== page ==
After nine years, Hawaii has finally celebrated, err "commemorated", Statehood. At the final session, Dr. Trisha Kehaulani Watson, Director of Operations, Hawai'i Youth Conservation Corps, called it progress, saying "Three years ago we had a very different Statehood experience."
The last Governor to hold a public celebration of Statehood was Ben Cayetano in 2000 --and he held it in San Francisco.
In 2001 the Democrat-controlled Hawaii State Senate passed SR 98 sending a formal message to the United Nations requesting the world body reconsider its approval of Hawaii's 1959 Statehood referendum. As Volcanic Ash columnist David Shapiro points out: "The rest of the country took note of our muted observance of the 50th anniversary of statehood. Only in Hawaii do we celebrate statehood in a state of confusion about whether we want to be one." The highlight of the 50th Anniversary "Commemoration" was the "New Horizons for the next 50 Years" conference at the Honolulu Convention Center. After 200 sovereignty activists cut the 50th star out of the US flag and burned it in front of the convention center, some of them joined the speakers' panel for the Conference's final session, "Cultural navigation in a Sea of Change". What ensued may be the only example of a US State "commemorating" statehood by sponsoring a public roundtable discussion with secessionists.
Perhaps reflecting broad public disgust with Hawaii's cravenness towards the miserable gaggle of ex-cons, drug dealers, felons, burglars, elder abusers, and mortgage scammers who call themselves the "sovereignty movement", only about 200 of the conference's 2100 registered participants stayed for "Cultural Navigation".
The result wasn't all bad. Office of Hawaiian Affairs Trustee Oswald Stender told the eight panelists that "This is our one and only chance -- this year" for passage of the Akaka Bill. But the eight panelists had other ideas.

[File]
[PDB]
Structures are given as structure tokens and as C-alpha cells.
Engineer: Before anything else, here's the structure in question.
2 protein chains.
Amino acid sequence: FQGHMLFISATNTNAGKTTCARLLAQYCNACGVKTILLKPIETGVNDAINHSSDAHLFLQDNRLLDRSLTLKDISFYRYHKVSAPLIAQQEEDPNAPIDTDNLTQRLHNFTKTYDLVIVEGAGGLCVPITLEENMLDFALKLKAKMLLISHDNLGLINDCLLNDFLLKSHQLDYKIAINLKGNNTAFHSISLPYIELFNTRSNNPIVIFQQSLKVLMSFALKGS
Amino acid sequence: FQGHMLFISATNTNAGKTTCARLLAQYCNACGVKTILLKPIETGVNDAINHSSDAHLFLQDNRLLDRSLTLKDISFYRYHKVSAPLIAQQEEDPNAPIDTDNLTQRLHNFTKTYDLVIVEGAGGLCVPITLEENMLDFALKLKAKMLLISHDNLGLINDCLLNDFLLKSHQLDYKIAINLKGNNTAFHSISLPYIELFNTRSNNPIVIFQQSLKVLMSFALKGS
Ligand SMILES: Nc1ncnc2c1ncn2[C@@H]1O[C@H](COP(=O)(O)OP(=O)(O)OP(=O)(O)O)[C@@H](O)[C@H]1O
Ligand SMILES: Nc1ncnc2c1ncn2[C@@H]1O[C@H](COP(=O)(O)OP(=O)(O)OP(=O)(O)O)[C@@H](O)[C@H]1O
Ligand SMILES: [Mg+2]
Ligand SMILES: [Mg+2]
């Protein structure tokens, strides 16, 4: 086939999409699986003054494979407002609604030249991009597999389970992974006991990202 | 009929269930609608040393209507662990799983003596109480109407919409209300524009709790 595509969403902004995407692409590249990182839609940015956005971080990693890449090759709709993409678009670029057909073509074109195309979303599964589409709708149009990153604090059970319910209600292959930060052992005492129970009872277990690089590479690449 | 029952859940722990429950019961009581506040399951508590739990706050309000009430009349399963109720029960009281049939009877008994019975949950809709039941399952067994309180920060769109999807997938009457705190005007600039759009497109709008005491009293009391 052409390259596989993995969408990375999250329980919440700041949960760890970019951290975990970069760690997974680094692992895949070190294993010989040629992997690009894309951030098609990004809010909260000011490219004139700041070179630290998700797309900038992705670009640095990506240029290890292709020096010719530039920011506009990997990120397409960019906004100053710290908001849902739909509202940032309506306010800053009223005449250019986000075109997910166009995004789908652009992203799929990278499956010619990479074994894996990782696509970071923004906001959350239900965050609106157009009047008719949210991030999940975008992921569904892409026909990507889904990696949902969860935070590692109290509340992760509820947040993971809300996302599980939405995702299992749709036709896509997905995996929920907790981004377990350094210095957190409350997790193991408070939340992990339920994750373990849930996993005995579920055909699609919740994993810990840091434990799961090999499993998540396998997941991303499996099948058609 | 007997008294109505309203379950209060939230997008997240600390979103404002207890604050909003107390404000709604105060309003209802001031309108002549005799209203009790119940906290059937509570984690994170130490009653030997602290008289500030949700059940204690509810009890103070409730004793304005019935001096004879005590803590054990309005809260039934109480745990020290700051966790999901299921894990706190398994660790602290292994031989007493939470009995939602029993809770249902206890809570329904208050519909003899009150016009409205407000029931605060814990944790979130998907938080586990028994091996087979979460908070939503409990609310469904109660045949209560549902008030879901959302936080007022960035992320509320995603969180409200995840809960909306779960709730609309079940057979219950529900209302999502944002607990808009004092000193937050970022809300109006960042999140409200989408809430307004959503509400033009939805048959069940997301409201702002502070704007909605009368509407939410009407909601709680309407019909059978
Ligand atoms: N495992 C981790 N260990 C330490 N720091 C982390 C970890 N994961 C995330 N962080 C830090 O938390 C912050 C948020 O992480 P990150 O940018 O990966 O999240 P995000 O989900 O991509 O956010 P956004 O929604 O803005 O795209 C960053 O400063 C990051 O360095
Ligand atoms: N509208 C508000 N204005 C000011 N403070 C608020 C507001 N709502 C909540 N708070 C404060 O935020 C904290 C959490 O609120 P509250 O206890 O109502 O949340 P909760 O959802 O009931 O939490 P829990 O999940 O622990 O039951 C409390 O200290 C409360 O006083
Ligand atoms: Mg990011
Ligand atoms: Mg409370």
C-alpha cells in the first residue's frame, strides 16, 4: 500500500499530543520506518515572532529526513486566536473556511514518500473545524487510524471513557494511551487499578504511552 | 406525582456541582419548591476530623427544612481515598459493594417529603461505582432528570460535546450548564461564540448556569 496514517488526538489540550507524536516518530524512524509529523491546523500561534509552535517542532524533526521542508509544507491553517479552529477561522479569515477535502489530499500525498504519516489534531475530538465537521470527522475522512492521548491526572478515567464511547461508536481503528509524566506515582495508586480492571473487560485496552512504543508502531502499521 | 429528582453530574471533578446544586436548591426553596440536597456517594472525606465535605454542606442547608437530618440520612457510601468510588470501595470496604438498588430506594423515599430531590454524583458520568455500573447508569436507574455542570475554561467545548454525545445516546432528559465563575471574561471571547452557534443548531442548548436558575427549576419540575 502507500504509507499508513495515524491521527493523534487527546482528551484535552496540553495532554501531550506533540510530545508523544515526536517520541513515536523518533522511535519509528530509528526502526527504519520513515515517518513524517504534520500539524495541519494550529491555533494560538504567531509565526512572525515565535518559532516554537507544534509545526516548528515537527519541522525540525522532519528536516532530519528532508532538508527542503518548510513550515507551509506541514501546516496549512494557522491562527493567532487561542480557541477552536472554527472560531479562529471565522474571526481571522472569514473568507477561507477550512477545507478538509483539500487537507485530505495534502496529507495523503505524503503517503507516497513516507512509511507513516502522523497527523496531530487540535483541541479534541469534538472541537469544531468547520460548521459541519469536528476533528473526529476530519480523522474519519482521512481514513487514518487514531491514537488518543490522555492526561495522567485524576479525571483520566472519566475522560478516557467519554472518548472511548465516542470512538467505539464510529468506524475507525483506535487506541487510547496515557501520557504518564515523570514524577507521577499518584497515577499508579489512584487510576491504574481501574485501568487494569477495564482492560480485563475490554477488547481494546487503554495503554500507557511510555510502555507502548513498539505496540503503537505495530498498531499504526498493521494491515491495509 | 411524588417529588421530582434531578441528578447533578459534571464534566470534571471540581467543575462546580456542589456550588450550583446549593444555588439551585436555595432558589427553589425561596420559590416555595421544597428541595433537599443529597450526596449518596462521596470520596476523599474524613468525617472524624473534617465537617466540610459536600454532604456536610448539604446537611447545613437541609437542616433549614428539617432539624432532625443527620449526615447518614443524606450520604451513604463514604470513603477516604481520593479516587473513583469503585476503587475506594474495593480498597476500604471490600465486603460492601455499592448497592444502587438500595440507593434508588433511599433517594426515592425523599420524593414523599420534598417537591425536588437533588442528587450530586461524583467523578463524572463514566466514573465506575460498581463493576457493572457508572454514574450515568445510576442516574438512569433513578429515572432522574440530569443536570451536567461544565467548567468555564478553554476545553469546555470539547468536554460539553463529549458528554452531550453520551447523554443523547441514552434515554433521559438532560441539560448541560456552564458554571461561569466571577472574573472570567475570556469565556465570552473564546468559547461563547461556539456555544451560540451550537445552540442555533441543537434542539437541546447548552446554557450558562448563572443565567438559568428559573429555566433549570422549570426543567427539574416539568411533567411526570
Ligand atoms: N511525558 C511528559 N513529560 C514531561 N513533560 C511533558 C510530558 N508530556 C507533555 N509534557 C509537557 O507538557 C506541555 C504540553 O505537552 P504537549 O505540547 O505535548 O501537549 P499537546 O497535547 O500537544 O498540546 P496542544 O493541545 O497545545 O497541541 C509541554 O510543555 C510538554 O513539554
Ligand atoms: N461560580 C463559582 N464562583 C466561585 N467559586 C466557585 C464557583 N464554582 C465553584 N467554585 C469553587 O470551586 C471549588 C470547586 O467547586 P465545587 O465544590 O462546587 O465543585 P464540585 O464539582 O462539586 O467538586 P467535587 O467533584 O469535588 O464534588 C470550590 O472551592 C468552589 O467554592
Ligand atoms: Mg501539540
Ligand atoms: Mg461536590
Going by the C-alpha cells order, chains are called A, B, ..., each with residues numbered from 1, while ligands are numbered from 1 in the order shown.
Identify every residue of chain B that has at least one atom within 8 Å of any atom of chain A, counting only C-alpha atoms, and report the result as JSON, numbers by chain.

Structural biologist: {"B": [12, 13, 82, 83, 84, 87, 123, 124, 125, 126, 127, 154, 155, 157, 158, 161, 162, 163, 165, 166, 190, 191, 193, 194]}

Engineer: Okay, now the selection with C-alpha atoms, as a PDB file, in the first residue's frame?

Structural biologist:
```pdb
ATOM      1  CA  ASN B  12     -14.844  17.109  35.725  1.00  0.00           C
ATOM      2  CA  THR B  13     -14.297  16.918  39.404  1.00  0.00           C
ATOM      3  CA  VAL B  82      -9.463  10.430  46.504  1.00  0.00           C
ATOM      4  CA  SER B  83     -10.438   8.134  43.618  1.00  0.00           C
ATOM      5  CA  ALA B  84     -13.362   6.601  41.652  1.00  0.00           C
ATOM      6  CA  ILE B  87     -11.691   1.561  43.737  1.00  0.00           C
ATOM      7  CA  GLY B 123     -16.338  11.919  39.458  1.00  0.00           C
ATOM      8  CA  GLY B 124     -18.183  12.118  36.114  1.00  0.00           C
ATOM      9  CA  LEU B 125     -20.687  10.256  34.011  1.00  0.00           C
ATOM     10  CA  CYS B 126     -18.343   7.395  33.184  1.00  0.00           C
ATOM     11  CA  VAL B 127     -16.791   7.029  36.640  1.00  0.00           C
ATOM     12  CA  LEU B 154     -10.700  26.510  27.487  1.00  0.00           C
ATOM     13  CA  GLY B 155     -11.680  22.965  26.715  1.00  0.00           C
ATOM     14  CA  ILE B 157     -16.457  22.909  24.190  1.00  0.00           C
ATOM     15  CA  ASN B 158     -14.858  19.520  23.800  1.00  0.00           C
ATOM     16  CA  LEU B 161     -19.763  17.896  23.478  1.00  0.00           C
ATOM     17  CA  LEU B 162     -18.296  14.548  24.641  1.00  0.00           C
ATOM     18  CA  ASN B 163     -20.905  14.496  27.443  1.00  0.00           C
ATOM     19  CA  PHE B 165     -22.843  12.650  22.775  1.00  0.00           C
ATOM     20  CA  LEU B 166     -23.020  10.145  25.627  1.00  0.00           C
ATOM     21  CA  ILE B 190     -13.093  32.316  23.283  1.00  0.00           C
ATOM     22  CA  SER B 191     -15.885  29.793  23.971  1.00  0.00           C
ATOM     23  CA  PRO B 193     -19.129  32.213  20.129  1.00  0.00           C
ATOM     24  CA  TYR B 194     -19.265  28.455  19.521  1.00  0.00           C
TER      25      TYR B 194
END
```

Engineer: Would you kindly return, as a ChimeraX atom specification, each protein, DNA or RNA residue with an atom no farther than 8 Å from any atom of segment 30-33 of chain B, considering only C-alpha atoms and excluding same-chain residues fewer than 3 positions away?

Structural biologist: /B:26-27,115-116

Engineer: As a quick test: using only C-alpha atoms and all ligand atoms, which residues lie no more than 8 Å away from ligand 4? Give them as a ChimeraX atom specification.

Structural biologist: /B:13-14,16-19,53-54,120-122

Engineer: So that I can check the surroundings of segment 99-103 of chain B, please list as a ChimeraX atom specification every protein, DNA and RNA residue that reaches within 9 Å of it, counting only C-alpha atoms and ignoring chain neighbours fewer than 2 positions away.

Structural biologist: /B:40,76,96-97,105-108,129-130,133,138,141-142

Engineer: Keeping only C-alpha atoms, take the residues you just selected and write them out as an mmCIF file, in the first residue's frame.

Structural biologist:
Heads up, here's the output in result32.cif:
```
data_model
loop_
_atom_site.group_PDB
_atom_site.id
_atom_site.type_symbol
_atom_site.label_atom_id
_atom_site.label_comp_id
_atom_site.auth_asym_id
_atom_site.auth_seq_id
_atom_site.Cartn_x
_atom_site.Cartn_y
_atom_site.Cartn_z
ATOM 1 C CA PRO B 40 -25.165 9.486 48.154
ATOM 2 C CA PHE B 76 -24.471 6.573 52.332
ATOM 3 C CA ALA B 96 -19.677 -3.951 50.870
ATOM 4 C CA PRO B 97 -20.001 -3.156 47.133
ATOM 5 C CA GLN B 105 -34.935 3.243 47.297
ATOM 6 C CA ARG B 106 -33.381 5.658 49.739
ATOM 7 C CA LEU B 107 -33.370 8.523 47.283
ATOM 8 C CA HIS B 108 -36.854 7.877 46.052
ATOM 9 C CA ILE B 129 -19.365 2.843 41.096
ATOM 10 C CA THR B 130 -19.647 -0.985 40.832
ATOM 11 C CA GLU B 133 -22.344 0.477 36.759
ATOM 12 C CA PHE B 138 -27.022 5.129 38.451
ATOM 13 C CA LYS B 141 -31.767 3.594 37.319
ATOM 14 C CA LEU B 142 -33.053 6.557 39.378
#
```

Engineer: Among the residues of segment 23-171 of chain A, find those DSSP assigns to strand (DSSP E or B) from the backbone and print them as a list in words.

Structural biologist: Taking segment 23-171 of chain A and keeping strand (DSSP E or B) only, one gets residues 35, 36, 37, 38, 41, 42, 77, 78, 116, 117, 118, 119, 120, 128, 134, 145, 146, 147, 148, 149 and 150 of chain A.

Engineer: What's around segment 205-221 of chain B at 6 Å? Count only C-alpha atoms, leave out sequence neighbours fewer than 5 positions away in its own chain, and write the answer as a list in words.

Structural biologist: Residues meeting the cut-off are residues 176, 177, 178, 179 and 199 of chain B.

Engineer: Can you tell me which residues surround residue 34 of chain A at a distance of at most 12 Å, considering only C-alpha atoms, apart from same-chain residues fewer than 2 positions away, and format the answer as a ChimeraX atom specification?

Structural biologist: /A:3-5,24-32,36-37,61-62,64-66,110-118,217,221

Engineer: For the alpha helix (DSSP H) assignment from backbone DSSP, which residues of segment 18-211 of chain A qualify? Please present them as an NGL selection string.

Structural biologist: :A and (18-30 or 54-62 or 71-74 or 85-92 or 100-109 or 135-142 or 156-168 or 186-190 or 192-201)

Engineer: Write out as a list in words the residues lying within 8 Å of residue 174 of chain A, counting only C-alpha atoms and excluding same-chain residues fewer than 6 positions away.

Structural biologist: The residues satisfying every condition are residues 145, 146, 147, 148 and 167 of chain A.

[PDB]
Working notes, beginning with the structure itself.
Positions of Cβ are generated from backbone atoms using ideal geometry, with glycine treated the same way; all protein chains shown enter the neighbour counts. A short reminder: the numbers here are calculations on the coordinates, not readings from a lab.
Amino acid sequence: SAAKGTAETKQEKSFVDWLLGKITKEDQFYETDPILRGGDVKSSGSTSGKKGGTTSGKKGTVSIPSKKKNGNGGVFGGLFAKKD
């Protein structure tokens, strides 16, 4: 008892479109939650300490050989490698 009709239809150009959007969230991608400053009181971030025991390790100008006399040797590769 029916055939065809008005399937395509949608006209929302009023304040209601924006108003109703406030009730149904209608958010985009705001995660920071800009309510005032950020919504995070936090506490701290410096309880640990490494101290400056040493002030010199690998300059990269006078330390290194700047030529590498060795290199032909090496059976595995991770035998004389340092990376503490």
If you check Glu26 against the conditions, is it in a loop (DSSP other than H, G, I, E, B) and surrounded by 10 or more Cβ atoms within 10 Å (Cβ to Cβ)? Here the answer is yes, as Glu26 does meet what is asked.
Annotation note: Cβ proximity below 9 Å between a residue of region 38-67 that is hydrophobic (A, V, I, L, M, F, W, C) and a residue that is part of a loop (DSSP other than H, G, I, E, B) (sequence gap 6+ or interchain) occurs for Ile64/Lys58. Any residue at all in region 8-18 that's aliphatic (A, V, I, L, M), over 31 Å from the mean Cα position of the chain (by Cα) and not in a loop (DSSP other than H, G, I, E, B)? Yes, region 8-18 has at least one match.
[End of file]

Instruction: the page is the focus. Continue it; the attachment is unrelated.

Dr. Jonathan Osorio, Center for Hawaiian Studies, University of Hawai‘i at Mānoa, said he was firmly against passage of the Akaka Bill saying he envisioned Hawaii as "an independent country again" within the next 50 years.
Donovan Preza, President of the Hawaiian Society of Law and Politics, said the Akaka Bill "can be a tool" towards independence and said he was "indifferent" towards it because "US legislation cannot extinguish sovereignty."
His sentiments were echoed by Dr. Kamanamaikalani Beamer, Department of Geography, University of Hawai‘i at Mānoa who said he used to be against the Akaka Bill "but lately I've been thinking ‘it is a US resolution which cannot affect sovereignty.'"
None of this should be very surprising. The entire "sovereignty" movement is a creation of 1960s-70s leftists at UHM and it continues there entrenched in the faculty. The UHM Ethnic Studies Department is the source of Hawaii's Statehood confusion.
But outside of the UHM Ethnic Studies and Law School "sovereignty" clique, others were not focused on taking power. Watson said, "I am sick of Hawaiians living on the beach." Ramsay Taum, Director of External Relations and Community Partnerships at the University of Hawai'i at Mānoa's School of Travel asked, "Why do I have to ask permission to recognize my identity. I've yet to be convinced that this action (passing the Akaka Bill) has long term benefits." Describing "crabs in a bucket" Pono Shim, CEO of Enterprise Honolulu points out: "crabs act that way because we put them in a bucket."